Educating members of the public will ensure they implement precautionary measures to ensure cyber criminals do attack innocent persons relying on mobile banking. Consequently, their financial data, finances, and credit histories will be protected.  Mobile banking functions effectively and efficiently if the manpower is skilled. Computer wizards are crucial in every organization relying on computers and internet connectivity to function and operate as they can resolve any arising issues as soon as they are detected.  The banking industry should therefore invest in skilled, qualified, and experienced manpower including computer wizards. They will ensure technological issues are either prevented or resolved as soon as they occur. More so, they will ensure fraudulent cyber criminals are detected and blocked from accessing customers’ internet banking services without the owners’ authority. Investing in computer wizards will also ensure the institutions’ banking data is neither stolen nor manipulated to destroy a banking organization’s reputation resulting to huge losses and damages (Rajnish, Stephan, & Cornelius, 2007).

The banking industry grows and expands through competition. Competition encourages financial institutions to be creative and innovative in order to develop better services and products attracting and retaining loyal customers. Competition is therefore fundamental as it ensures banking institutions function efficiently and effectively to gain competitive advantages. The industry should however consider developing collaborative efforts in order to maintain the mobile banking services. The electronic payment system involves huge financial requirements to be fulfilled by the bank and the customer. Financial institutions should therefore strive to set and manage network systems such as the mobile fund transfer through collaborative efforts in order to spread and reduce initial costs of setting up the electronic internet banking system. Consequently, security measures will be enhanced hence, providing the institution and the customer with greater levels of safety against financial and economic losses. Ultimately, the banking industry should acknowledge technological growth and advancements hold the key to successive banking in the future. This will ensure financial institutions acknowledge financial, economic, and banking achievements cannot be enhanced without the technologies evolving and advancing (Sharma, & Abhinav, 2011).

Consequently, the financial institutions will be motivated to trigger change. For example, banking institutions should strive to develop more regional software languages in order to attract a larger number of people especially from rural areas. More so, they should utilize surplus manpower in generating new and improved marketing schemes ensuring the banking institutions attract more customers. This will change the overall pattern of mobile banking by redefining and reengineering use of technologies in sustaining the mobile banking system. As a result, they will be enabled and empowered to provide sophisticated services to their customers. More so, the institutions will strive to provide customers with banking products and services continuously undergoing the innovation process to meet the needs and wants of the clients. Thus, the banking industry should undertake the role of ensuring technological evolutions are quick, smooth, and easy to be integrated to the existing system. This will sustain and expand mobile banking hence, enhancing the benefits and incentives associated with the system (UBSELGT, 2015).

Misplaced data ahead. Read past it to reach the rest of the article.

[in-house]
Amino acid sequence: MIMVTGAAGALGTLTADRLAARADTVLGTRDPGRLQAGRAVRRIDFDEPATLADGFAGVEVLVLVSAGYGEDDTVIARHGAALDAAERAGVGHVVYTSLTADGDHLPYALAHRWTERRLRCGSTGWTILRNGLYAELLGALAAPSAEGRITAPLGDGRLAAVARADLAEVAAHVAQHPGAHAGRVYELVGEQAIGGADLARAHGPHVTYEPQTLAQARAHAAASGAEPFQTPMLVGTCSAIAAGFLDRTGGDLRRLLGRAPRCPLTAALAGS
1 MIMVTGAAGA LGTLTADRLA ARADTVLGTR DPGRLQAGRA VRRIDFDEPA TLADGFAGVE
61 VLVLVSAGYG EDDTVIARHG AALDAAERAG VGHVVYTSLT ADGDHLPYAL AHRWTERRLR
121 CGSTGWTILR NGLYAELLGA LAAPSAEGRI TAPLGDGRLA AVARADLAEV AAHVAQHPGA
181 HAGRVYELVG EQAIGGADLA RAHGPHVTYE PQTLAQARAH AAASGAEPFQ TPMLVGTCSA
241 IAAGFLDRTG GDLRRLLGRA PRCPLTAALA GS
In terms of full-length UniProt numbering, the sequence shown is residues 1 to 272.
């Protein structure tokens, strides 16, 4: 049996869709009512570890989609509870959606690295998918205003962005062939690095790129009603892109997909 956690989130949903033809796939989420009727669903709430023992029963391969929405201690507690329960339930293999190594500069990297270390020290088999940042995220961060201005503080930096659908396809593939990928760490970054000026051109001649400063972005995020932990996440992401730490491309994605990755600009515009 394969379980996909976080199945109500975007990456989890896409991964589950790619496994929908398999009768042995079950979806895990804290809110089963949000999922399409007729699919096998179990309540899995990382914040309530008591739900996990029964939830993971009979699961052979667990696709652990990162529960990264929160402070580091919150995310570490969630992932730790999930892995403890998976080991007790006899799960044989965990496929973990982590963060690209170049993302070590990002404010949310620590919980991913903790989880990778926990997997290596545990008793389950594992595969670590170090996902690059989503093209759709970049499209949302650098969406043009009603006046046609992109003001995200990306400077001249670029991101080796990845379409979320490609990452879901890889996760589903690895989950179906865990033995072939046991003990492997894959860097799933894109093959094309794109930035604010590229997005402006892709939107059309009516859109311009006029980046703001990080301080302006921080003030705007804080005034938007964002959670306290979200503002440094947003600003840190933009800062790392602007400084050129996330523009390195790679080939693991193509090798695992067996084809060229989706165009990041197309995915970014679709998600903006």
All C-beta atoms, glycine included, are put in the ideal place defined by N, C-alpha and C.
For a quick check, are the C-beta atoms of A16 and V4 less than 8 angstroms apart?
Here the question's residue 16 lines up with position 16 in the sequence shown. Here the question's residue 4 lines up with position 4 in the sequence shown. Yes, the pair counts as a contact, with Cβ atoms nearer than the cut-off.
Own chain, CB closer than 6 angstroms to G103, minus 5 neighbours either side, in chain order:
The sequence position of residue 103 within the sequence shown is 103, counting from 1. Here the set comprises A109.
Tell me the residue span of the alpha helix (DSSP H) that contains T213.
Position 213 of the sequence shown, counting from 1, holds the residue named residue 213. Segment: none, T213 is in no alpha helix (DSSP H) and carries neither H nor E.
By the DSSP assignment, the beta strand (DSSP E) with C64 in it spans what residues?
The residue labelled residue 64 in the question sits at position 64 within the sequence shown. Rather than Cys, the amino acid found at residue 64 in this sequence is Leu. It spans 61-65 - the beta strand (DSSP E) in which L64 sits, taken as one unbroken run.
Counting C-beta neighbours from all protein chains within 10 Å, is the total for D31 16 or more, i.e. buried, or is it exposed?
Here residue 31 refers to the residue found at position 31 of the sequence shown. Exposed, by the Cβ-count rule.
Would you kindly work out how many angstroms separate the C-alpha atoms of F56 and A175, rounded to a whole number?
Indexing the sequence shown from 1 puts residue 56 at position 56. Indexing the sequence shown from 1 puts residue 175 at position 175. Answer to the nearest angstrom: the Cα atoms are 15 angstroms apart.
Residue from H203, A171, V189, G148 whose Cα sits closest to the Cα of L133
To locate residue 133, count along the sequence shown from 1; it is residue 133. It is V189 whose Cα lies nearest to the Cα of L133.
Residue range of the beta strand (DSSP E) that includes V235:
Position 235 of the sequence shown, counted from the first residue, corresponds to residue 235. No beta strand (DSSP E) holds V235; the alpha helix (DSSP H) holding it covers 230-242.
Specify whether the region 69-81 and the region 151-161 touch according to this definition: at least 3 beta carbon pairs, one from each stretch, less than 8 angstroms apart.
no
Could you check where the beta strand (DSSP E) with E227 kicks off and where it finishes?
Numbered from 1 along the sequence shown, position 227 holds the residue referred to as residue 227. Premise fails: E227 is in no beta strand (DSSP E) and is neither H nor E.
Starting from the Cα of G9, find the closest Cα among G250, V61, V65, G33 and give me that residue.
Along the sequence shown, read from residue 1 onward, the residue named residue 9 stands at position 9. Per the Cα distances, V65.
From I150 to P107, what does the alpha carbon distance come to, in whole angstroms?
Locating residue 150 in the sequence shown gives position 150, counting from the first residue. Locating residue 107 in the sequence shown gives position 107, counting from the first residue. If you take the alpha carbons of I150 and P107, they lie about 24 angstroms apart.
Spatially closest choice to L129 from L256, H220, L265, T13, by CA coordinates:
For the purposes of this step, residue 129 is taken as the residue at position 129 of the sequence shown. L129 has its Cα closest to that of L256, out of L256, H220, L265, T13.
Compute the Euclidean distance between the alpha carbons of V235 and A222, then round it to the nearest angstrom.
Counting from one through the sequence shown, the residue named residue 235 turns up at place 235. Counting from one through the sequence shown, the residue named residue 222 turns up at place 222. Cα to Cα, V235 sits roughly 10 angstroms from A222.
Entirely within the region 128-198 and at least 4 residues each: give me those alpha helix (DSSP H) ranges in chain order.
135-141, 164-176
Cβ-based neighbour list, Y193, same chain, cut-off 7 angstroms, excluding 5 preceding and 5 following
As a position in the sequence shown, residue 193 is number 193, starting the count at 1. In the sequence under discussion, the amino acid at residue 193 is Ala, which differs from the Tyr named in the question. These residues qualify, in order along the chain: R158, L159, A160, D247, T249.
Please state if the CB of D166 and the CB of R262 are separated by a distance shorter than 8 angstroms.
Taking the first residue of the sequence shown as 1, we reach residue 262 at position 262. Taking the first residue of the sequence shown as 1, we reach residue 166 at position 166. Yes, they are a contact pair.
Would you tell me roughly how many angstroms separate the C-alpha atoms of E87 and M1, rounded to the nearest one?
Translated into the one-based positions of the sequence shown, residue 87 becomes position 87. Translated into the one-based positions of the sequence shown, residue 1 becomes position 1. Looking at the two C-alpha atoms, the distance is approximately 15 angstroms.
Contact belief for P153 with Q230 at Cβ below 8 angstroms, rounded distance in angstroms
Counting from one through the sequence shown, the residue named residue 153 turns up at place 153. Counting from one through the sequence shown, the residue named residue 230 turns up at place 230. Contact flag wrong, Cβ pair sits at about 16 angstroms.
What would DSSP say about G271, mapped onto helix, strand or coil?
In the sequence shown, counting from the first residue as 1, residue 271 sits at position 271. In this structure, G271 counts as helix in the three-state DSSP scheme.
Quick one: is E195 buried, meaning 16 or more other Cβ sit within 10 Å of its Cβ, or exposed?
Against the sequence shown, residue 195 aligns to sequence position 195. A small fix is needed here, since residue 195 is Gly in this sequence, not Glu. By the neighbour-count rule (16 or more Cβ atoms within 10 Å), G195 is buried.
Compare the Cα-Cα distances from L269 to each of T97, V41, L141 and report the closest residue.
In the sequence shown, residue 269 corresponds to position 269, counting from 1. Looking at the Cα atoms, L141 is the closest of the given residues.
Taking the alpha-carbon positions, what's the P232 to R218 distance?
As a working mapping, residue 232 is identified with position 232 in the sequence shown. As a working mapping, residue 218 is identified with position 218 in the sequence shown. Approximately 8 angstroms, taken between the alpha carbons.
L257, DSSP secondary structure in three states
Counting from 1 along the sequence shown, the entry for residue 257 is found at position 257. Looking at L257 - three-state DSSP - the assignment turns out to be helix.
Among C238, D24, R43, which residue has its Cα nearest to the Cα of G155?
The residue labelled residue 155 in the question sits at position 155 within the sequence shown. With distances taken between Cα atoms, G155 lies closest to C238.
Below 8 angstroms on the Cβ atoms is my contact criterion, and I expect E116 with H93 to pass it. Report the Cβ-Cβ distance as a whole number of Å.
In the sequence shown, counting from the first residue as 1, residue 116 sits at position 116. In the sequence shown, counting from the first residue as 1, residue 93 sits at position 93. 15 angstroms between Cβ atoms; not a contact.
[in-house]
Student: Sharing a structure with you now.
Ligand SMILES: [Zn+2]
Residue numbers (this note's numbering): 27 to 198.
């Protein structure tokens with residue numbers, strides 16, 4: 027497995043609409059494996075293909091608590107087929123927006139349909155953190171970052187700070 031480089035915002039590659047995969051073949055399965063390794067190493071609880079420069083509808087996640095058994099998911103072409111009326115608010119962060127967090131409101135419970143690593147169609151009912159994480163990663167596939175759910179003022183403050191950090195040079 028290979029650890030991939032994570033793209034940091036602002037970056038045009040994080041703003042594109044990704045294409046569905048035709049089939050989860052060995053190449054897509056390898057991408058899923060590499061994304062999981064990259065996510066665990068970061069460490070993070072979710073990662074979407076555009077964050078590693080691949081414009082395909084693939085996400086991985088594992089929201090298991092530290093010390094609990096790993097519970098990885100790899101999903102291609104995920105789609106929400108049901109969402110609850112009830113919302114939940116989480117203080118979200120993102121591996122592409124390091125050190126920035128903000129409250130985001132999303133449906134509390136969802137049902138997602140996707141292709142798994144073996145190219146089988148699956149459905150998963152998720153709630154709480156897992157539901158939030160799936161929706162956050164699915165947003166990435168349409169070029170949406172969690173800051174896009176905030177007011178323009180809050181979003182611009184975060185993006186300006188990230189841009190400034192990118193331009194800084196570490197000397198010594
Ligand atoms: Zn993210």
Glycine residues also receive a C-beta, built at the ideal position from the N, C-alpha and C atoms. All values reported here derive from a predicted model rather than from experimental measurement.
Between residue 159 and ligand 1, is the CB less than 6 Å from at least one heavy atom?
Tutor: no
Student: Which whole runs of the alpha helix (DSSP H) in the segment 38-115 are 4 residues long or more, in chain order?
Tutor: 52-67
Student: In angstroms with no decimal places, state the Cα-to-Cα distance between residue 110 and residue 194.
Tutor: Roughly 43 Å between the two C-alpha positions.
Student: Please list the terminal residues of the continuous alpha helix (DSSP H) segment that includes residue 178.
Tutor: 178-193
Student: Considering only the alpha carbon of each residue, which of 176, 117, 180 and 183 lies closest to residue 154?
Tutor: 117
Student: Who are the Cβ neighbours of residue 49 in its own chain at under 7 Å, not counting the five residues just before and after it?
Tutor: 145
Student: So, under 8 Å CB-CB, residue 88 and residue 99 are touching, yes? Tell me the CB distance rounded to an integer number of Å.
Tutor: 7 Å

6.0 References

Adewoye, J. O. (2013). Impact of Mobile Banking on Service Delivery in the Nigerian Commercial Banks. International Review of Management and Business Research, 2(2), 333-344.

Allen, N. B. (2003). The Economic Effects of Technological Progress: Evidence from the Banking Industry. Journal of Money, Credit, and Banking, 35(1), 2-42.

American Banker (AB). (2015). 10 Ways Technology Will Change Banking in 2015. American Banker Credit Union Journal.

Bernardo, B., & Douglas, W. (2002). A Historical Appraisal of Information Technology in Commercial Banking. Electronic Markets, 12(3), 1-12.

Bush, S., & Tiwari, R. (2007). The Mobile Commerce Prospects: A Strategic Analysis of Opportunities in the Banking Sector. Hamburg University Press.

Hassan, G. (2012). Information Technology in the Banking Sector: Opportunities, Threats and Strategies. American University of Beirut.

Rajesh, T., & Rakesh, K. (2012). Information Technology in Banking Sector. Asia Pacific Journal of Marketing And Management Review, 1(1), 25-33

Rajnish, T., Stephan, B., & Cornelius, H. (2007). Mobile Services in Banking Sector: The Role of Innovative Business Solutions in Generating Competitive Advantage. Working Paper, 48(1), 886-894.

Sharma, M., & Abhinav, S. (2011). Role of Information Technology in Indian Banking Sector. International Journal in Multidisciplinary and Academic Research, 2(1), 1-12.

UBS Evidence Lab Global Trends (UBSELGT). (2015). Mobile Banking 2015: Trends and their Impact on Banks. UBS Evidence Lab Global Production.

Interview Questions:

Hello, I am Hamda and this is my colleague Hessa, we are conducting a study on mobile banking for our capstone project, can we ask you a few questions?

  1. As a bank manager, why do you think a bank should provide mobile banking services?
  2. What are the advantages and disadvantages of mobile banking services from the bank’s perspective?
  3. What are the common risks of mobile banking and what precautions can be taken to avoid the risks?
  4. In your opinion what is the impact of mobile banking on the performance of a any financial institution?
  5. Can you please tell me some of the common conflicts your customers face with mobile banking?
  6. Do you think that the societies are accepting the idea of mobile banking why or why not?